A Deep Learning Web-app using Docker and Heroku

Original article can be found here (source): Deep Learning on Medium

A Deep Learning Web-app using Docker and Heroku

Debugging and Deploying.

Huge L

More than a week ago I made a Deep Learning model that classified the alphabets in the American Sign Language using the data-set I found here. Here I was thinking I’d turn into a web-app, deploy it and document my exploits in an article. That was almost exactly a week ago. It took me an hour to train the model and nearly 168 to deploy it. Here’s what I learned this week.


The first time I had deployed a web-app was editing someone else’s Github repo. So this time I wanted to do it the hard way and deploy it locally before on a server.

So, what is docker?

“Docker is a tool designed to make it easier to create, deploy, and run applications by using containers. Containers allow a developer to package up an application with all of the parts it needs, such as libraries and other dependencies, and deploy it as one package.” Being as inquisitive as I was, I went straight ahead and got to trying to install it without even finding out exactly how it worked. Little did I know that it required a Windows 10 Pro (mine was a Home Edition). Twelve hours and numerous tutorials later Docker was running on Ubuntu 18.04 on VirtualBox.

The Docker Image

Little to my knowledge I’d spend the next twenty-four hours trying to initialize the image for my web-app. Throughout these hours, I’d install and reinstall Docker thinking it was the fault of my Docker installation. The truth is the answer was right in front of me all along.

When you create an image, there’s supposed to be a Docker file in the directory which tells Docker the dependencies it has to install.

An example Dockerfile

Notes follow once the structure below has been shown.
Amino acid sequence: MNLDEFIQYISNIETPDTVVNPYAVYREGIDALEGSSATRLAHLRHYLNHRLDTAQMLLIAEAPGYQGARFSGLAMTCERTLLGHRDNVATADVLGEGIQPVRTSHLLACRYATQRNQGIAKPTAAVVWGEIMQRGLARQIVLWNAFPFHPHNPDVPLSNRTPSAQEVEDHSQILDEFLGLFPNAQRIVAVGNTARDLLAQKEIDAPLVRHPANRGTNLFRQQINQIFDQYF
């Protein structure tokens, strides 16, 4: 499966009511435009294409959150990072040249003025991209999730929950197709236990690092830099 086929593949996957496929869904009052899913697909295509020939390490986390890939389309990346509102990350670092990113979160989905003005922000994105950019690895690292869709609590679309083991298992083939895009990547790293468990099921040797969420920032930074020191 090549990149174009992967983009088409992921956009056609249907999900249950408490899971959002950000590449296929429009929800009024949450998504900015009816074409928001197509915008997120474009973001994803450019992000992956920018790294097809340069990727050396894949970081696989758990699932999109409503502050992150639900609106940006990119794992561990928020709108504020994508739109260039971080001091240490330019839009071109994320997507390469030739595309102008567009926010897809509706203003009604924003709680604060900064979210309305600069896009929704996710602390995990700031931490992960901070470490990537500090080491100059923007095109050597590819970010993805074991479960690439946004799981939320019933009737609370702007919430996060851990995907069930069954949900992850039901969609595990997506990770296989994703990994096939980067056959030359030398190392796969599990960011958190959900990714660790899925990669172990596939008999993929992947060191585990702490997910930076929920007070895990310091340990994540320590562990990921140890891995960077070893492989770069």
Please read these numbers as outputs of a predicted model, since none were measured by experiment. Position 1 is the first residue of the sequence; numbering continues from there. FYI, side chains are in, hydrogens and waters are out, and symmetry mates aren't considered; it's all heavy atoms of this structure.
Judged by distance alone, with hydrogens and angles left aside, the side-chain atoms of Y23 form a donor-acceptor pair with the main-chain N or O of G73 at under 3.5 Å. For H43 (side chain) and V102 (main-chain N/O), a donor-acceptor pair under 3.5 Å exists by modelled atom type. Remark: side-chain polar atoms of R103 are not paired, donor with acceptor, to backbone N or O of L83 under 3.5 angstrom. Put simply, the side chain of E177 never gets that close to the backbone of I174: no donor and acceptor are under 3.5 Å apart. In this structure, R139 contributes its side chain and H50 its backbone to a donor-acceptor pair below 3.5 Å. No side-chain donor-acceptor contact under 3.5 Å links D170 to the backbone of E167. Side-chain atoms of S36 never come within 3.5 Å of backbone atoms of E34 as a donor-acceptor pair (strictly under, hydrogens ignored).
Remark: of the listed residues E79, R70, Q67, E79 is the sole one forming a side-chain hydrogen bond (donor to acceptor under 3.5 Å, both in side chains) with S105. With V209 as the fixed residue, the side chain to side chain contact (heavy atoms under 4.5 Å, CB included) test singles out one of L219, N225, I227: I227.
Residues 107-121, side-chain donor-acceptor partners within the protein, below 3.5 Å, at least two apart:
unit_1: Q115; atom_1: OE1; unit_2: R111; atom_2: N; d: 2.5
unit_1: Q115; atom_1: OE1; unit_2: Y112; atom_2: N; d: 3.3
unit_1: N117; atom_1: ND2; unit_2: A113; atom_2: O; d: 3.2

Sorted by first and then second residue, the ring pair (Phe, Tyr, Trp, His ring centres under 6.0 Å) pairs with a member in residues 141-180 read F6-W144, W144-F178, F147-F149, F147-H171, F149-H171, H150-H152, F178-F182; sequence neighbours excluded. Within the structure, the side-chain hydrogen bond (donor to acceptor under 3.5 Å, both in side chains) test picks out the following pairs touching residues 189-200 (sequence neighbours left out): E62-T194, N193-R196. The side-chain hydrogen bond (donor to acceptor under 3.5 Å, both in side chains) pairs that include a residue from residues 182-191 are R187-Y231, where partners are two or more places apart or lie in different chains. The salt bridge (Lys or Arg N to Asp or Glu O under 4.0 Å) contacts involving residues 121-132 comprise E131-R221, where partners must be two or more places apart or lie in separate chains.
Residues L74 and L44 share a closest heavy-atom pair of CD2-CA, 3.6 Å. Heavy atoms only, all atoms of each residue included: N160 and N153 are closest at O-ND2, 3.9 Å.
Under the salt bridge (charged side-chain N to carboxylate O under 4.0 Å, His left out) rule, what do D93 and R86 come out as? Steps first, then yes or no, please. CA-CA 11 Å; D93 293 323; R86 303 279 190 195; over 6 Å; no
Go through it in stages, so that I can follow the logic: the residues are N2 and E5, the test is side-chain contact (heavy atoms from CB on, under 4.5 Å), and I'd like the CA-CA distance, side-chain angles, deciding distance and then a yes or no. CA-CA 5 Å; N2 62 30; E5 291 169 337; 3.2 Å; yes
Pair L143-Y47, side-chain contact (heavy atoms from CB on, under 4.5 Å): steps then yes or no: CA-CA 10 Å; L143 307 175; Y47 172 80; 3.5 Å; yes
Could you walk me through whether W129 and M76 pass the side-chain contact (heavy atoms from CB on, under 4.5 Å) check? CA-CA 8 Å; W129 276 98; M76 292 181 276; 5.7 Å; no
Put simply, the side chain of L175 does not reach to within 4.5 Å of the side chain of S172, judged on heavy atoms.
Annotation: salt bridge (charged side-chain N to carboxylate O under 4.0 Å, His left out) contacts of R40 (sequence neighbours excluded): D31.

What I discovered after hours of toiling was that Pytorch(on top of which fastai works) required Python 3.6 or above. My Ubuntu had Python 2.7. My problem was solved and my brain had turned into mush by now.


At this point, I had deployed my image in my local environment. Now I needed to push it to a server that would host it. This is where Heroku comes in, they provide you with quite a lot of free hours to run your web apps.

I’d read on their documentation that the whole web app including dependencies had to be less than 500Mb; my docker image at the time was 4Gb. I spent that day moving through various Github repositories to no avail.

I kept getting this error which I couldn’t get past.

All hope was lost and I was about to abandon my dream of deploying my web-app. That was when I found this blog post and their Github repo with a heavenly ReadMe. Everything I had to do was explained so beautifully and concisely. It was exactly the kind of hand-holding I was looking for, all I had to do was put my model in the template. The result of this looks like this. It might take a while to load up, so bear with it.



Initially, I was of the mind that I had to do everything from scratch, write all the code in Python Flask, find a way to deploy it all on my own. The funny thing is, everything looks like a rat race from the outside. But once you’re a part of it, especially when you’re starting, you see that everyone is willing to help you out. All you have to do is admit that you don’t know how it works. I don’t know how exactly docker or Heroku works, I don’t know anything about Flask which was used to write the backend. Funnily enough, I was still able to make a half-decent bare-bones web-app with grit and a whole lotta time. You can too.